# Creating sectors in a rotating circular image

Hi, I have a circular image that rotates on mouseDragged and the image has various letters around the circle, when I drag the image to a certain position, one of the letters goes on top of a box indicating i want to write that letter, but I’m having problems coding this last part. I don’t know how to create and identify each sector of the image when in rotation. Any ideas?

(I am sorry for the confusion- I don’t know why I had a hard time explaining this.)You could check to what degree the circle is rotated, and every ‘section’(i.e. rotated between 120 to 150 degrees, or 1-2 radians, or whatever)would have a letter assigned to it(not necessarily visible as shown in the picture). So, say the circle is rotated to anywhere between X and Y degrees. What now? You could arrange something like

``````if((degreesRotated > 120) && (degreesRotated < 150)) { ///between X and Y, chose 120 and 150 as an example
letterChosen="A";}

``````

I’ve included an image if you didn’t understand the cancer that I wrote as an explanation  1 Like

I understood what you explained perfectly, thank you so much, I was trying to do something like that but the problem I couldn’t figure out was the angles. This is (part of) the code I had for the rotation originally:

``````float rotAngle = 0;
void draw(){
pushMatrix();
translate(width/2, height/2);
rotate(rotAngle);
imageMode(CENTER);
image(abc, 0, 0, ABC_SIZE, ABC_SIZE);  //abc is the image and ABC_SIZE the size of the image
popMatrix();
}

void mouseDragged(){
rotAngle = atan2(mouseY - height/2, mouseX - width/2);
}
``````

But then I had do change it because like this it wasn’t able to continue dragging where it was left off if I stopped dragging and started again from a different position. So now I have this code:

``````float rotAngle, originalRotAng, newRot, originalTouchAng = 0;
void draw() {
if (mousePressed == true) {
originalTouchAng = atan2(mouseY - height/2, mouseX - width/2); //original angle at which the keyboard was tapped
}
pushMatrix();
translate(width/2, height/2);
rotate(rotAngle);
imageMode(CENTER);
image(abc, 0, 0, ABC_SIZE, ABC_SIZE);  //abc is the image and ABC_SIZE the size of the image
popMatrix();
}

void mouseDragged() {
originalRotAng = rotAngle;                              // original angle of the keyboard
newRot = atan2(mouseY - height/2, mouseX - width/2);    //
rotAngle = originalRotAng + newRot - originalTouchAng;  // new angle for the rotation of the letters
}
``````

And it kinda works how I want it but when I get the rotAngle to know which section is at the box it’s all over the place, because when I drag the image mutiple times around it doesn’t give consistant rotAngles. Maybe the code I have now isn’t the best but it was the only one that kind of continues the drag from where it’s left off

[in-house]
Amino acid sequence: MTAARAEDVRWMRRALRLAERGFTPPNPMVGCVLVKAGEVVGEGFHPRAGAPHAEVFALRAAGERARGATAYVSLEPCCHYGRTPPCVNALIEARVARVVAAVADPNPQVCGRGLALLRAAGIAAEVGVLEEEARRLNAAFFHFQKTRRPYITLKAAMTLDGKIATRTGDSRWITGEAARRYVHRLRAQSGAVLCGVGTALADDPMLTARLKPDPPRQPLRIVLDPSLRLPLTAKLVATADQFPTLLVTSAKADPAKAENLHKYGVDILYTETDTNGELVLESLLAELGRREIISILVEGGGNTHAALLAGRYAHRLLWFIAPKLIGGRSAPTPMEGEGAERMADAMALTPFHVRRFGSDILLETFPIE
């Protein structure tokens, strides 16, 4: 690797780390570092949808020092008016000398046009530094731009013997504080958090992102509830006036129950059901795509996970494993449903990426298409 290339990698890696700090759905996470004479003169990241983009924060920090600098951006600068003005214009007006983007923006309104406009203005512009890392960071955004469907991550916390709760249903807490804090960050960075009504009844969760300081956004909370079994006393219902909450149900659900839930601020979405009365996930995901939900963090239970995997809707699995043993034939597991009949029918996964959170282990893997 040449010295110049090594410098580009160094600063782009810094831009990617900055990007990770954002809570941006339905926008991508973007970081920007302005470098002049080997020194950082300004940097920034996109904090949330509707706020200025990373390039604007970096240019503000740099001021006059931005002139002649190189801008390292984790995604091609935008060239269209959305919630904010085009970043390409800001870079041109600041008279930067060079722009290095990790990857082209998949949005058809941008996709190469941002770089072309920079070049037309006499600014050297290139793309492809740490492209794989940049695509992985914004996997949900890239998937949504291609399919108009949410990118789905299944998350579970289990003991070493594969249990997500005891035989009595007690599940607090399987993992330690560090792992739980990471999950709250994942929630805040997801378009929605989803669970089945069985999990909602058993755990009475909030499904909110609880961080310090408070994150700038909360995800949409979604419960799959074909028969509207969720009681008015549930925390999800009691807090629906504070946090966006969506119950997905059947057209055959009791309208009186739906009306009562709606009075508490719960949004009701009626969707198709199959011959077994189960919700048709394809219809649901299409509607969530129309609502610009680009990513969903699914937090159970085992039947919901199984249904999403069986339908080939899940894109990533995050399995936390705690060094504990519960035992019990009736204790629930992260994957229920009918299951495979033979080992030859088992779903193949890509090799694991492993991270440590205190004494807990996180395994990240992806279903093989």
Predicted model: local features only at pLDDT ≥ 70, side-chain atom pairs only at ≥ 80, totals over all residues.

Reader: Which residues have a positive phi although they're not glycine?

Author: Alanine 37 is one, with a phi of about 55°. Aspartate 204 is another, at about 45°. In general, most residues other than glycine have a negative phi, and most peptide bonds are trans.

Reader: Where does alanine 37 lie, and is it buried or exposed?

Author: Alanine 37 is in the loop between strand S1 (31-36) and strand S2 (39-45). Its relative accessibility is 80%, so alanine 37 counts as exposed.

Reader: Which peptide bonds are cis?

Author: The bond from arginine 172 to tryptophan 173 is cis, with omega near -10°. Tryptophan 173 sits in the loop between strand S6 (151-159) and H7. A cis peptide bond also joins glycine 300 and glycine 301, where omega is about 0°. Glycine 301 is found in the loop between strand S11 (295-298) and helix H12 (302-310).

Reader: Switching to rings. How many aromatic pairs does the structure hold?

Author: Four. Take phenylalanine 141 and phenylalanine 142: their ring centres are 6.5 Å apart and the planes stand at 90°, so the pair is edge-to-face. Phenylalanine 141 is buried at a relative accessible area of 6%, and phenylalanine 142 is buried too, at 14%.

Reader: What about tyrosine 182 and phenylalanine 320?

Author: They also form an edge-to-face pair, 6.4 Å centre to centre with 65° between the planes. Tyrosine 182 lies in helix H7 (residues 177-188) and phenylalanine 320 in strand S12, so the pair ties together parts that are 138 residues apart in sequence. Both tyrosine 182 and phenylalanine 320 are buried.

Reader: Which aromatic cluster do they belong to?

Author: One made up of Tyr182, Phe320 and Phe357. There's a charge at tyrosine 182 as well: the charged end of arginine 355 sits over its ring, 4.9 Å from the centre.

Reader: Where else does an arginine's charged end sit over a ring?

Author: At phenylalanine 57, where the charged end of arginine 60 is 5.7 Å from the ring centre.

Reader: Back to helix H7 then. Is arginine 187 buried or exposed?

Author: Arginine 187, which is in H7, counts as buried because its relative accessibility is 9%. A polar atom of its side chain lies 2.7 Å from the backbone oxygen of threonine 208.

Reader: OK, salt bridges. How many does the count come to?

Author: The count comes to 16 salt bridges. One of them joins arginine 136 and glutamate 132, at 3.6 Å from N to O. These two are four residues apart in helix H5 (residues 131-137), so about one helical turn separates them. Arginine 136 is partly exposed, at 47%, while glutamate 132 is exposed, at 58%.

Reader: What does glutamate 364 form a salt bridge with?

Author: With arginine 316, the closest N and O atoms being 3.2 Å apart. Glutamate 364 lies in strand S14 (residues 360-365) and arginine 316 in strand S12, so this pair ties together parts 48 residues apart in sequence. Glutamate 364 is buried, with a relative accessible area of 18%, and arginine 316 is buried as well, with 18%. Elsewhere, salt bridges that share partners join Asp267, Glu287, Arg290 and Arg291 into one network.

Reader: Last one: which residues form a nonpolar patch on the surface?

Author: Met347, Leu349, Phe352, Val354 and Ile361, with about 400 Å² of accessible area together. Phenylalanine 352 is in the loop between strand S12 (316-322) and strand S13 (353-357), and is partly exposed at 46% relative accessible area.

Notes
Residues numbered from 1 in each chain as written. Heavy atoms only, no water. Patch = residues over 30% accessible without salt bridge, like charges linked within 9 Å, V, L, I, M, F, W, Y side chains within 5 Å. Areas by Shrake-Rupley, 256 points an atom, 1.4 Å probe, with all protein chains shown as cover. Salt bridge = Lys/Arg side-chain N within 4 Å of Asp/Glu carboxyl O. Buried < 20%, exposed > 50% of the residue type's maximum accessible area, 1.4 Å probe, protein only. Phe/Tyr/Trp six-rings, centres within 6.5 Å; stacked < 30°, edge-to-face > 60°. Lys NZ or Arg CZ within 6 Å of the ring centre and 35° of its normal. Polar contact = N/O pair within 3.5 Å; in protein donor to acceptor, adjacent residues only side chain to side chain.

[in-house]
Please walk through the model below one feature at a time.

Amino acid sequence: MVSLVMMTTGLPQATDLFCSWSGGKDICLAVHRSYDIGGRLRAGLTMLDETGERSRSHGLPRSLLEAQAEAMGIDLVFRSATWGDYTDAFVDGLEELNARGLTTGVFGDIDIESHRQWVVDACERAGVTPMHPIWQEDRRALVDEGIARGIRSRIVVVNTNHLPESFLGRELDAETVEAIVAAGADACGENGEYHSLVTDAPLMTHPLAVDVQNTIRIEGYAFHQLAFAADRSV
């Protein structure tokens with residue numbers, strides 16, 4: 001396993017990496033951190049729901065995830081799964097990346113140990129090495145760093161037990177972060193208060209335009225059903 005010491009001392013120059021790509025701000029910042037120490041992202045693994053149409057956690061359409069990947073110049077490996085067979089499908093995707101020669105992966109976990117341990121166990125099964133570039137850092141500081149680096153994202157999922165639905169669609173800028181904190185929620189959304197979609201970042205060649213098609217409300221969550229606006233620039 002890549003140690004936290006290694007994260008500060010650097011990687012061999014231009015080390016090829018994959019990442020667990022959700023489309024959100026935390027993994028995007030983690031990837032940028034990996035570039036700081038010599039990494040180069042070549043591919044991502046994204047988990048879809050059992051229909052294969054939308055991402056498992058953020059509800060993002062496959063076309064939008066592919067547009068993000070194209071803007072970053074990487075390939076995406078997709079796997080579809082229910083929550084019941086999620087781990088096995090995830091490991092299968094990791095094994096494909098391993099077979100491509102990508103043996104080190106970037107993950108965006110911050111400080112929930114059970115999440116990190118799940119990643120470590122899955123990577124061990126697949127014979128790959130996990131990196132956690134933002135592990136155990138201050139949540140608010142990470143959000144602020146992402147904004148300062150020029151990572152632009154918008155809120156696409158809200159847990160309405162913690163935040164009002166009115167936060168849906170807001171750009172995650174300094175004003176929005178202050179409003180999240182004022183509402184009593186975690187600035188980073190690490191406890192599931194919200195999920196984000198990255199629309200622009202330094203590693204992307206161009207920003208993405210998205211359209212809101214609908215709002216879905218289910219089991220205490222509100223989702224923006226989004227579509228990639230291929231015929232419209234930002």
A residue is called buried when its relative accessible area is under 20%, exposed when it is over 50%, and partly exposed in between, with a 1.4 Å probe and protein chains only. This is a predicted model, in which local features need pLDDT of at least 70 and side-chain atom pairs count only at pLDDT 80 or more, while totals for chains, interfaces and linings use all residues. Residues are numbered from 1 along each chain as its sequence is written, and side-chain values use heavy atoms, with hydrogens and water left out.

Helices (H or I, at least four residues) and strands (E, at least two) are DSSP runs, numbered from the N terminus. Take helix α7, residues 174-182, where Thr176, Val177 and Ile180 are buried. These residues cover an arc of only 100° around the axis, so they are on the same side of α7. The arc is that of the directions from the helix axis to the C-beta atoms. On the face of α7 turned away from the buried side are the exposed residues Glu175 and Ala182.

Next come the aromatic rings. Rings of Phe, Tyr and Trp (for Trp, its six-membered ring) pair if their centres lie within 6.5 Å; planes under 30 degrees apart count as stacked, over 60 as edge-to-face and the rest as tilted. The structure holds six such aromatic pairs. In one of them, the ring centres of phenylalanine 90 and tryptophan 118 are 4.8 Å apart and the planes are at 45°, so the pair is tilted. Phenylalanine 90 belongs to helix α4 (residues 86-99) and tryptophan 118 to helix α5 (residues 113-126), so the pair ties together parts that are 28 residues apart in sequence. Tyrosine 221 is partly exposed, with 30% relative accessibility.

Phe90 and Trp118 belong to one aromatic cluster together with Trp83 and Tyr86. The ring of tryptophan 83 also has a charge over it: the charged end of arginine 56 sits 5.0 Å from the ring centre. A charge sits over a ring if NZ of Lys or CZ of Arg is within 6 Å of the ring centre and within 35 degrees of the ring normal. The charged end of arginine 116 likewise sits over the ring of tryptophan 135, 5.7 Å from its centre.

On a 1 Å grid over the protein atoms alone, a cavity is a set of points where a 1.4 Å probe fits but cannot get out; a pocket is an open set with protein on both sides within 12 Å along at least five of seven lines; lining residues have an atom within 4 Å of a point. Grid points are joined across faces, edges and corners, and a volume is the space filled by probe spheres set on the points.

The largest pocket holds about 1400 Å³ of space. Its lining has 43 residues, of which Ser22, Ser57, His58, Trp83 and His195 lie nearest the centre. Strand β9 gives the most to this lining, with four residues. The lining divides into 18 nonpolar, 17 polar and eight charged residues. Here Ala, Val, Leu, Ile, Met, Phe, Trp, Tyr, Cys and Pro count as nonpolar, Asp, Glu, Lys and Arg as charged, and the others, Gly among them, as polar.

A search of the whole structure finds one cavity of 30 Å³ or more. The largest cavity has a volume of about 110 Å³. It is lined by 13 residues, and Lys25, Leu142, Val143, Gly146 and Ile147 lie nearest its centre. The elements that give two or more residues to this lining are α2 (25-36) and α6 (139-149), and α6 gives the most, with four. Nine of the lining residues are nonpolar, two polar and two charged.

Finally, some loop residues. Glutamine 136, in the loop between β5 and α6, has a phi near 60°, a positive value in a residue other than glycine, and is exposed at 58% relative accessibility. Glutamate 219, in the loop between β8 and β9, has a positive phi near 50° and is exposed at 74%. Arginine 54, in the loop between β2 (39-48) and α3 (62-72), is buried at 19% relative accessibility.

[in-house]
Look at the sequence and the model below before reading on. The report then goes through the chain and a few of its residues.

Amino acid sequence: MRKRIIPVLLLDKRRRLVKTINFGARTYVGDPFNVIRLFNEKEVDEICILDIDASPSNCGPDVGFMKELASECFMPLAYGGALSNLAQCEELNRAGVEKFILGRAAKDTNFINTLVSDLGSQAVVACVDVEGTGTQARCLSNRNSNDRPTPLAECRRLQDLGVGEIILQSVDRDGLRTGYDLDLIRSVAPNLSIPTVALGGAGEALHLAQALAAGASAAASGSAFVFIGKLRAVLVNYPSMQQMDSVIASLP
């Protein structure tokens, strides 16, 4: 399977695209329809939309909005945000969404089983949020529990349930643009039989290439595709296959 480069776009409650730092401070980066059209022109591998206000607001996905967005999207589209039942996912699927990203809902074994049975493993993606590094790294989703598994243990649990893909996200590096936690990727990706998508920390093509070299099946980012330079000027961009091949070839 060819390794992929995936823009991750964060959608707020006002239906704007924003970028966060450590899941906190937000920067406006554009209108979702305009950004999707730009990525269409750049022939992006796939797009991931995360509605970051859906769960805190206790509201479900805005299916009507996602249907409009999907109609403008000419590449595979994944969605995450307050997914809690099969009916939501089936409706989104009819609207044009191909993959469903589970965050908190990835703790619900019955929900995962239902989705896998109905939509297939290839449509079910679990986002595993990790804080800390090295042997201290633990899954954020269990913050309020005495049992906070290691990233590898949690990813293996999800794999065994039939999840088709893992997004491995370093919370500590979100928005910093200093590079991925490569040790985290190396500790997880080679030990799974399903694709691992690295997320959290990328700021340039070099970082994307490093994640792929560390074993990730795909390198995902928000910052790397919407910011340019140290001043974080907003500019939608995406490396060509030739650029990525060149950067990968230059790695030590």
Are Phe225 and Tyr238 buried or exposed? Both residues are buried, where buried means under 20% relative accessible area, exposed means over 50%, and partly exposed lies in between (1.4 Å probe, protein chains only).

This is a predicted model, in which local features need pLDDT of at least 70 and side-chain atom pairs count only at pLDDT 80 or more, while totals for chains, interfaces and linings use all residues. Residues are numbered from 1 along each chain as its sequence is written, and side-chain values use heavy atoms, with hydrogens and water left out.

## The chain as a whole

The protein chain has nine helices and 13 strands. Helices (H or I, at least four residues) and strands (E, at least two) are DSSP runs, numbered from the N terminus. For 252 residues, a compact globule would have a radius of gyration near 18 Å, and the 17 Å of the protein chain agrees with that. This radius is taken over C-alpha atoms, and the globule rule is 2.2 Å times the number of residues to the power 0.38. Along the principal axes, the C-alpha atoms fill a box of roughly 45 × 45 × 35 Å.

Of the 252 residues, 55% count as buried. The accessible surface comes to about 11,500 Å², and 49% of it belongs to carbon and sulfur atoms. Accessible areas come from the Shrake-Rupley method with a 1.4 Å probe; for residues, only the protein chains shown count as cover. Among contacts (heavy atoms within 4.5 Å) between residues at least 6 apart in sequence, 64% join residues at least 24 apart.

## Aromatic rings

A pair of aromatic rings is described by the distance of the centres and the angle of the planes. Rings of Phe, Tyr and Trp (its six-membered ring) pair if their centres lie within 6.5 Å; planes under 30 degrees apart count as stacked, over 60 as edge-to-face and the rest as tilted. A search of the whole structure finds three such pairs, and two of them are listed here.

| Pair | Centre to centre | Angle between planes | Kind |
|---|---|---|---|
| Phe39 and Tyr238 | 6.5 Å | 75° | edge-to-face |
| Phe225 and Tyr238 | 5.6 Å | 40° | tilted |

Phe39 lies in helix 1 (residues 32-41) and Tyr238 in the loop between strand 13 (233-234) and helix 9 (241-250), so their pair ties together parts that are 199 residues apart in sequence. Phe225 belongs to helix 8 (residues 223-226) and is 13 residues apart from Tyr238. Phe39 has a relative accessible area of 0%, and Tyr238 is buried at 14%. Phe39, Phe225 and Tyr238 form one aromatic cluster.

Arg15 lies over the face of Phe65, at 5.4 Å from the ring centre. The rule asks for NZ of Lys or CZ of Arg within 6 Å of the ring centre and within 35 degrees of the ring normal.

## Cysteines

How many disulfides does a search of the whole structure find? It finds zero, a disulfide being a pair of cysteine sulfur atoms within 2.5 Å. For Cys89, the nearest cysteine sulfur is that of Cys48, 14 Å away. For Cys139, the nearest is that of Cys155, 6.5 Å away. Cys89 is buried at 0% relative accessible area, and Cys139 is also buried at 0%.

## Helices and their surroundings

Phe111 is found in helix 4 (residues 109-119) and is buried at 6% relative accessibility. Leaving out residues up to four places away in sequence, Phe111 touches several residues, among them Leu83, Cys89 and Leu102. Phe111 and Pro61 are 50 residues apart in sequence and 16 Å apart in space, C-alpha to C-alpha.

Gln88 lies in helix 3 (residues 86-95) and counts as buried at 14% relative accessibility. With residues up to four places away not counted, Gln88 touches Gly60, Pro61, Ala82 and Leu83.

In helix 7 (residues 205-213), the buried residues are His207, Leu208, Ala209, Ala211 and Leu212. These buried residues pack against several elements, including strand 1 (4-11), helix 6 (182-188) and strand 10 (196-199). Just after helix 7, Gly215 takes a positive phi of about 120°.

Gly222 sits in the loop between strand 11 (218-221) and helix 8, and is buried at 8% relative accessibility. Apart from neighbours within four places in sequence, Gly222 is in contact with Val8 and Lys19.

I took some of that code and adapted it to make a rudimentary version- only look at the code if you have to, I did not make it neat . I checked what values of rotAngle would pertain to each line and added if() statements validating whether or not rotAngle is of a certain value, instead of checking line positions relative to the angles. However, it is very finnicky- I included this as a starting point for you to work on(it’s a bit of a cancerous sketch, like my explanation earlier).

``````float rotAngle, originalRotAng, newRot, originalTouchAng = 0;
PVector line = new PVector(70,70);
PVector bl1, bl2;
void setup() {
size(600,600);
bl1 = new PVector(70,-70);
bl2 = new PVector(-70,-70);
}
void draw(){
background(170);
if (mousePressed == true)
{
originalTouchAng = atan2(mouseY - height/2, mouseX - width/2); //original angle at which the keyboard was tapped
}
pushMatrix();
translate(width/2, height/2);
rotate(rotAngle);
circle(0,0,100);
stroke(255,0,0);
line(0,0,line.x,line.y);
stroke(0,0,255);
line(0,0,-line.x,-line.y);
stroke(0);
rotate(-rotAngle);
line(0,0,bl1.x,bl1.y);
line(0,0,bl2.x,bl2.y);
imageMode(CENTER);
// image(abc, 0, 0, ABC_SIZE, ABC_SIZE);  //abc is the image and ABC_SIZE the size of the image
popMatrix();
if((rotAngle>3.15) && (rotAngle<4.71)) {
textSize(30);
text("Selected; red line",75,75);
}
else if((rotAngle>0.023) && (rotAngle<1.56)) {
textSize(30);
text("Selected; blue line",75,75);
}
if(keyPressed){
print("Angle;",rotAngle);}
}

void mouseDragged(){
originalRotAng = rotAngle;                              // original angle of the keyboard
newRot = atan2(mouseY - height/2, mouseX - width/2);    //
rotAngle = originalRotAng + newRot - originalTouchAng;  // new angle for the rotation of the letters
}
``````
1 Like

This only work on the first rotation, I wanted it to work, in the code you wrote, every time the blue or red line went in that section you know?

Thank you so much btw, do you also know why when you drag it closer to the center the speed is the same as your mouse but the farther you go from the center the faster the drag is from your mouse drag? For example, in your code, if I start dragging by the red line away from the center, after a while the blue line passes the mouse instead of keeping it dragged by the red line. I’m sure it’s something to do with the new angles but I can’t find another solution to continue dragging from the position it was left off.

almost…

``````
float rotAngle, originalRotAng, newRot, originalTouchAng = 0;

PVector line = new PVector(70, 70);
PVector bl1, bl2;